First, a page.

Mauritania

We only had 5 days in Mauritania, and unfortunately much of it was spent driving. Though we did manage to wrangle a full day to explore in both Nouadhibou and Nouakchott.

In contrast to Morocco, Mauritania really felt as though we had crossed into “real Africa” – the chaos, the heat, and the women draped in the most beautiful patterned fabrics.

Our campsites in both towns were tucked away behind big gated walls. The first we nicknamed ‘Auberge d’construction site’, because we’re pretty sure that’s exactly what it was. The second felt as though we were camped in someone’s front yard, because well, we pretty much were. The only way we could fit all of our tents, plus the truck, plus the owner’s vehicles into the campsite was to set up our tents on the roof top overlooking the streets of Nouakchott.

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Now that we’re in the heat, most of our group are sleeping under the stars in their sansbugs, these standalone mosquito nets, so the rooftop was a shanty town of mosquito netting. Still, it was a nice change from the rocky desert ground we’d grown accustomed to sleeping on in the Western Sahara.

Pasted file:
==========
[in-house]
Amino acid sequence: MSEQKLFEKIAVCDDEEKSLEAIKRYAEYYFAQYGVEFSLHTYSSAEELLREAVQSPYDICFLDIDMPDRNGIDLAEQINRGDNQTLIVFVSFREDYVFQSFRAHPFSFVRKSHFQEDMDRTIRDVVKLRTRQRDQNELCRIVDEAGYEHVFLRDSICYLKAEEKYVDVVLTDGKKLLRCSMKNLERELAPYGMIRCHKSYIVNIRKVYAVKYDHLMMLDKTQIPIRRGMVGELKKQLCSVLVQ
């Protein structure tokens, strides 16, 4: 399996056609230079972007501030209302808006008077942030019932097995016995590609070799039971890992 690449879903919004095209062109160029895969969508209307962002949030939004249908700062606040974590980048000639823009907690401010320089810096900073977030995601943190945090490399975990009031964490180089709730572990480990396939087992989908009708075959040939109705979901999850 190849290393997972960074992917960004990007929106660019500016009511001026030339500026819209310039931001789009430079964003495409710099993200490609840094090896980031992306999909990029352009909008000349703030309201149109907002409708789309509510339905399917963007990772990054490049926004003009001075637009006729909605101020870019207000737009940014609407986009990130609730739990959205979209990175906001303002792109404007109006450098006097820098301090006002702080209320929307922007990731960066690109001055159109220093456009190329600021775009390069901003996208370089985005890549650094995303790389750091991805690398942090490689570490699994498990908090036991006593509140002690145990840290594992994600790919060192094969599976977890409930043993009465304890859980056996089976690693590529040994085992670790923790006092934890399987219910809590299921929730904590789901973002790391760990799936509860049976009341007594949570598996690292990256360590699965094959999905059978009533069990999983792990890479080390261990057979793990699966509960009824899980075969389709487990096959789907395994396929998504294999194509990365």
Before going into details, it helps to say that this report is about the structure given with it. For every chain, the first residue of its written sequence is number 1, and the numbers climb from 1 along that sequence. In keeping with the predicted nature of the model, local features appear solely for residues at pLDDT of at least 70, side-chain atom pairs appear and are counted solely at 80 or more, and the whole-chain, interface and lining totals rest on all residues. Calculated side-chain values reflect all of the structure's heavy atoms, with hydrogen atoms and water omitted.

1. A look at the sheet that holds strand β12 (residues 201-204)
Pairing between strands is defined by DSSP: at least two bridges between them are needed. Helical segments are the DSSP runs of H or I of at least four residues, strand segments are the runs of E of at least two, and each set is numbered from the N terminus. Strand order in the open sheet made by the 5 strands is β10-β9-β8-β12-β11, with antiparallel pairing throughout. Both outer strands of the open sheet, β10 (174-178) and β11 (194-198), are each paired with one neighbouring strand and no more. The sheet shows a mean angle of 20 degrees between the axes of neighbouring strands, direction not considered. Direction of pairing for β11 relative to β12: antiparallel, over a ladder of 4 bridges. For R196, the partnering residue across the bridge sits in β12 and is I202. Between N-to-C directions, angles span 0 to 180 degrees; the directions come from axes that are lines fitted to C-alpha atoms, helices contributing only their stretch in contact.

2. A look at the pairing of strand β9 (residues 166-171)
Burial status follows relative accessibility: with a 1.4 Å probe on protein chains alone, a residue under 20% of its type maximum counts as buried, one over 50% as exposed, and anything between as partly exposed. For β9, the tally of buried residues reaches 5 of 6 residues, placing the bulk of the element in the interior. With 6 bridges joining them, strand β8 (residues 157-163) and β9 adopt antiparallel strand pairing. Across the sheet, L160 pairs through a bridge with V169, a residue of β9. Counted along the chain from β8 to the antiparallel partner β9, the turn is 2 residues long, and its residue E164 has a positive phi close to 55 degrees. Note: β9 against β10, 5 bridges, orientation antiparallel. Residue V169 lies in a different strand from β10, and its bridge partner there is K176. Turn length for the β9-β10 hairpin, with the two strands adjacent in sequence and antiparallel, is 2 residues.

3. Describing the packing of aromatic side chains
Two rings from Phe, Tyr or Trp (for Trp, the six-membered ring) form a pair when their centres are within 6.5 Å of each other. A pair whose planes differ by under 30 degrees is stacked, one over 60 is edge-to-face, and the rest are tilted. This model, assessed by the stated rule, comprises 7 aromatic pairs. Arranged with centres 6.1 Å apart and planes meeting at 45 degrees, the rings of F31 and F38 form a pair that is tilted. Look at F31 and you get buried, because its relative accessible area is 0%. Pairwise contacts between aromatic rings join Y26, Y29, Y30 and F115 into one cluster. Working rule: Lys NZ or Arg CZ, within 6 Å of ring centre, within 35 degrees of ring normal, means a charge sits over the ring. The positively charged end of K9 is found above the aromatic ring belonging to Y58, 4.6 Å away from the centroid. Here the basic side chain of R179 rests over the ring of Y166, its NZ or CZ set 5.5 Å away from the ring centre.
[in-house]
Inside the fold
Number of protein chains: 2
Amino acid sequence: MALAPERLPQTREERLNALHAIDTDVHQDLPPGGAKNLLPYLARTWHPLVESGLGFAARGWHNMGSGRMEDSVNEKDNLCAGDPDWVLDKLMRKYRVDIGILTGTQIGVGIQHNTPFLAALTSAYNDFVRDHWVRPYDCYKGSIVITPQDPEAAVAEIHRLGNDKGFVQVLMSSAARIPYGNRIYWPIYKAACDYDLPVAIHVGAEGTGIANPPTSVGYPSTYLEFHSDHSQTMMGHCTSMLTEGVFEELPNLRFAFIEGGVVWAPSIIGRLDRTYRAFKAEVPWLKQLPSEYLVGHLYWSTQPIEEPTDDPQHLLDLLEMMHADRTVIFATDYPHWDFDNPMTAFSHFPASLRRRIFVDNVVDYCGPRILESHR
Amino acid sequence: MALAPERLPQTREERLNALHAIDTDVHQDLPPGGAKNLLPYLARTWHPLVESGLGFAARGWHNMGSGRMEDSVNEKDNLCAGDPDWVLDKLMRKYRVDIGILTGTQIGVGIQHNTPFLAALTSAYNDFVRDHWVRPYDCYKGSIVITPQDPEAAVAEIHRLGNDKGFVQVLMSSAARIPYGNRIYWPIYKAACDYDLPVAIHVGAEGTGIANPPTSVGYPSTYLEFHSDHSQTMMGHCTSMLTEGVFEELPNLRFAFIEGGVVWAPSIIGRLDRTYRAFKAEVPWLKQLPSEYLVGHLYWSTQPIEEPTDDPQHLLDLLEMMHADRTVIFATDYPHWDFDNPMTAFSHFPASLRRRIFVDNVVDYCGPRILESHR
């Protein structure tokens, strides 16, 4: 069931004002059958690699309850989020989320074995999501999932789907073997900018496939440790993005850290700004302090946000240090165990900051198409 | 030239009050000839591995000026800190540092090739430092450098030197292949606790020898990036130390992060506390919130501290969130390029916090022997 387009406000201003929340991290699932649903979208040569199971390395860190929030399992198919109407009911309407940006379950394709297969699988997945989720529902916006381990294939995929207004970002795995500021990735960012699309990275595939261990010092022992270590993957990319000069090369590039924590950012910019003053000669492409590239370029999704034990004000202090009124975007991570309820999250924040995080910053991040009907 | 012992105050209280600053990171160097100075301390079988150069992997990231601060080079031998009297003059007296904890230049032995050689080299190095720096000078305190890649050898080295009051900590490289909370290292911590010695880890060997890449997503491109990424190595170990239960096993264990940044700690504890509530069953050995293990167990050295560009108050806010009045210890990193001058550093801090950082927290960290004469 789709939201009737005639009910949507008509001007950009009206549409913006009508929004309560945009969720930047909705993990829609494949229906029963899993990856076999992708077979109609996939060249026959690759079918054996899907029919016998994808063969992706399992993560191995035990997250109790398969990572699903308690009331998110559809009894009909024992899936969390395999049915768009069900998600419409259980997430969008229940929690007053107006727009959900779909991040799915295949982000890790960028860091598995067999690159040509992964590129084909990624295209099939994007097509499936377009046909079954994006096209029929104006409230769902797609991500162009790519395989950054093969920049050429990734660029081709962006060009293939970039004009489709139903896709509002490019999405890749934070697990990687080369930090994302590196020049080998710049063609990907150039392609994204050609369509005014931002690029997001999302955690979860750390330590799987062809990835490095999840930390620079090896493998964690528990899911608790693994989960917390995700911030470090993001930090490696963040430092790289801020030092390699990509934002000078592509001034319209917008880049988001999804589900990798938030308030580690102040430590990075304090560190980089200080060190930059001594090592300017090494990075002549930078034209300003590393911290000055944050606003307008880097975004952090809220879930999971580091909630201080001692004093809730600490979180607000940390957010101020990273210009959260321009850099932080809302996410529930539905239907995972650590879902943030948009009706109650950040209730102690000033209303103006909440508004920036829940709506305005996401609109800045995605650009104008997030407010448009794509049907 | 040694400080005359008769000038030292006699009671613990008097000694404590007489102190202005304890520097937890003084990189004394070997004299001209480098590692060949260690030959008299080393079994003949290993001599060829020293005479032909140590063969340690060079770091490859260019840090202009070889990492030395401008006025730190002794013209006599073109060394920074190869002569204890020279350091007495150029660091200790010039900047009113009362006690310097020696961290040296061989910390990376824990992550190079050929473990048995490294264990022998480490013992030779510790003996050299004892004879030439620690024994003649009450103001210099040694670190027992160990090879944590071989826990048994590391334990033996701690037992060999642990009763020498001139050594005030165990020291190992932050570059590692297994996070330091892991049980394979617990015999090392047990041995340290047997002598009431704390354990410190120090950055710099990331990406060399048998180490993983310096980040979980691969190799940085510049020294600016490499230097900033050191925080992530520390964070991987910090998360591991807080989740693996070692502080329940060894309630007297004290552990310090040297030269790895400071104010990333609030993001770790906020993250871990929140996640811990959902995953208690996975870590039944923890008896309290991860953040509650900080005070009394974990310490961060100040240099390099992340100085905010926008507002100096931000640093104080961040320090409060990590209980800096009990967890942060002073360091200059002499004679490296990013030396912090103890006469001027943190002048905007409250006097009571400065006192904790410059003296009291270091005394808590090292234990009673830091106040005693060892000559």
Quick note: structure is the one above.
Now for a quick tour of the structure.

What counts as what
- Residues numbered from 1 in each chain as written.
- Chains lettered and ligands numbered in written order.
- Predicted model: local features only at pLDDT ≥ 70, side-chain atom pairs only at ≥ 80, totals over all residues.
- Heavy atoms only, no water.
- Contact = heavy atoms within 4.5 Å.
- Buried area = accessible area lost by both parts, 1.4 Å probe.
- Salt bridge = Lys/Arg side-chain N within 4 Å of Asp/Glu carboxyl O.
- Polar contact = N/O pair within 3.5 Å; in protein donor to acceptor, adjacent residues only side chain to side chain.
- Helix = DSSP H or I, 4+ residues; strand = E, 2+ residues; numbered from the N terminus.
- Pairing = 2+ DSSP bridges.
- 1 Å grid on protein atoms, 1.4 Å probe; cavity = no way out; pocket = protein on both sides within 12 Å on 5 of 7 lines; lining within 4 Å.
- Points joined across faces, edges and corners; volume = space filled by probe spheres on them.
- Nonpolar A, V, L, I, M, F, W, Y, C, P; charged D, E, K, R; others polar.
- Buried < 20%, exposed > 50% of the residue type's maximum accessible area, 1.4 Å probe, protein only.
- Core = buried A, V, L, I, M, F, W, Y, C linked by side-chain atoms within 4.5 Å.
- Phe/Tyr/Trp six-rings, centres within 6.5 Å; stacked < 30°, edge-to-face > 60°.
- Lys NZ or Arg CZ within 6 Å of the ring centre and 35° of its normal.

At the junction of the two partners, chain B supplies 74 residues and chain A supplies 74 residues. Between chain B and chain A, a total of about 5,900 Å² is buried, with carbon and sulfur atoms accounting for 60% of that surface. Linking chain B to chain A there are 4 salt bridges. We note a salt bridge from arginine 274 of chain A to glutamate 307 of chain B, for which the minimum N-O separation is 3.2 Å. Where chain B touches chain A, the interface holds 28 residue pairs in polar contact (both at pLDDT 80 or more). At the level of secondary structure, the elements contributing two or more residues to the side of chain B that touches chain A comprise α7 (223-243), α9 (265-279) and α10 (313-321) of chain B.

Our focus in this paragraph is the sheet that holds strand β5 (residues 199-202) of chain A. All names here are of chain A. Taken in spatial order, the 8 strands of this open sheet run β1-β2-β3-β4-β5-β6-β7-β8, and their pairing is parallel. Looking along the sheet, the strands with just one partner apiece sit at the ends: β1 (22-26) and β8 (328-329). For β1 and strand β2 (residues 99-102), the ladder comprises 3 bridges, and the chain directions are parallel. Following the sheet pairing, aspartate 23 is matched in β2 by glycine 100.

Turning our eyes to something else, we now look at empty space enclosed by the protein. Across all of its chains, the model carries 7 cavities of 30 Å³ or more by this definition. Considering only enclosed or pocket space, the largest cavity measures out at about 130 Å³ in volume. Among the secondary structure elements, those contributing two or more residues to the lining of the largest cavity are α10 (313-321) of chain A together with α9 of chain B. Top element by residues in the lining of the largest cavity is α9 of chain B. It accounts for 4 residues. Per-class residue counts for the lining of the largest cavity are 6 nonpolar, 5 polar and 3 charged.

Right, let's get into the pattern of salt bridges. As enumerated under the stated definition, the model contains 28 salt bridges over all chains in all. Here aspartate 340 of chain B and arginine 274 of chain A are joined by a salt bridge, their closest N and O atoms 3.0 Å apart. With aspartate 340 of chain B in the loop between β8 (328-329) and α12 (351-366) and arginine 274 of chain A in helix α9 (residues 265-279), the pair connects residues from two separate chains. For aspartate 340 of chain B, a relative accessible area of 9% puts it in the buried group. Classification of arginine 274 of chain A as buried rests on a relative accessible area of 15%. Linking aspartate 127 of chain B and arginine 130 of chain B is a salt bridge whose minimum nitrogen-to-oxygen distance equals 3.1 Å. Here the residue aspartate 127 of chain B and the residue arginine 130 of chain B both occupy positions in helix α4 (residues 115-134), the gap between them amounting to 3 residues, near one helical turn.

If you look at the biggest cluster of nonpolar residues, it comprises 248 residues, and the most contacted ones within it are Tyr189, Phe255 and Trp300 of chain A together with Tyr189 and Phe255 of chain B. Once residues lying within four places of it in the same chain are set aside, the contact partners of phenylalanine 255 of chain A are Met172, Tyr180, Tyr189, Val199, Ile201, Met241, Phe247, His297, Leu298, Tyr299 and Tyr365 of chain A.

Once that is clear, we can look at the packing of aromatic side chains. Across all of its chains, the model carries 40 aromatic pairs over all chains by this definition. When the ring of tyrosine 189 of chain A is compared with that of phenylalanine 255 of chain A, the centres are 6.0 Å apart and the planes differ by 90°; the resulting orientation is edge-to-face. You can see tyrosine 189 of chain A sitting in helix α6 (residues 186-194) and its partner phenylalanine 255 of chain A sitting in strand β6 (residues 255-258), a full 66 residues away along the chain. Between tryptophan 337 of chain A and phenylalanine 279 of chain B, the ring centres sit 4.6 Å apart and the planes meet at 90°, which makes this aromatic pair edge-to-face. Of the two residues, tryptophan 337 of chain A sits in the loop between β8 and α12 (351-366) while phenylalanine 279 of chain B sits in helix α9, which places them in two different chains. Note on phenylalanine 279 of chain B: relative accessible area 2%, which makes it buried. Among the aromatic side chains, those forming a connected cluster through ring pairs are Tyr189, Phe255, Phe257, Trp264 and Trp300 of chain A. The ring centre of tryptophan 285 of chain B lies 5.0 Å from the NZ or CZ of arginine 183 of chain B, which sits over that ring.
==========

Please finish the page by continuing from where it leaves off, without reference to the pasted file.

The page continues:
In Nouadhibou, Steve took some of us out on one of his increasingly famous “tourist trips”. We drove out to Cap Blanc on the coastline in search of some special and elusive kind of seals. Apparently there are only 100 left in the world, and Cap Blanc is the only place you can see them. As it turns out we didn’t see them, but we did discover an abandoned shipwreck and for the first time in my life I got to step foot in the Atlantic Ocean!

Nouakchott was a much bigger and more chaotic city, and in our free time we ventured out to its famous fish markets. I can’t even begin to describe the scale and energy of these markets as it truly is. The beach is lined as far as the eye can see with a rainbow of painted fishing boats. Fisherman lie asleep or sit smoking and laughing underneath the shade of the boats, watching each catch come in for the afternoon. It’s a melting pot of characters and many of them don’t even seem to work there, they seem to dress up and come down with their mates just to be a part of it all.

It would have been great to be able to explore more of Mauritania, and I’ll be keeping an eager eye on how it develops over the years to come. But in just the 5 days we spent there, I discovered a world full of warm, open people who want to welcome you into their country. It’s such a shame that this aspect of Mauritania gets lost amongst the politics.

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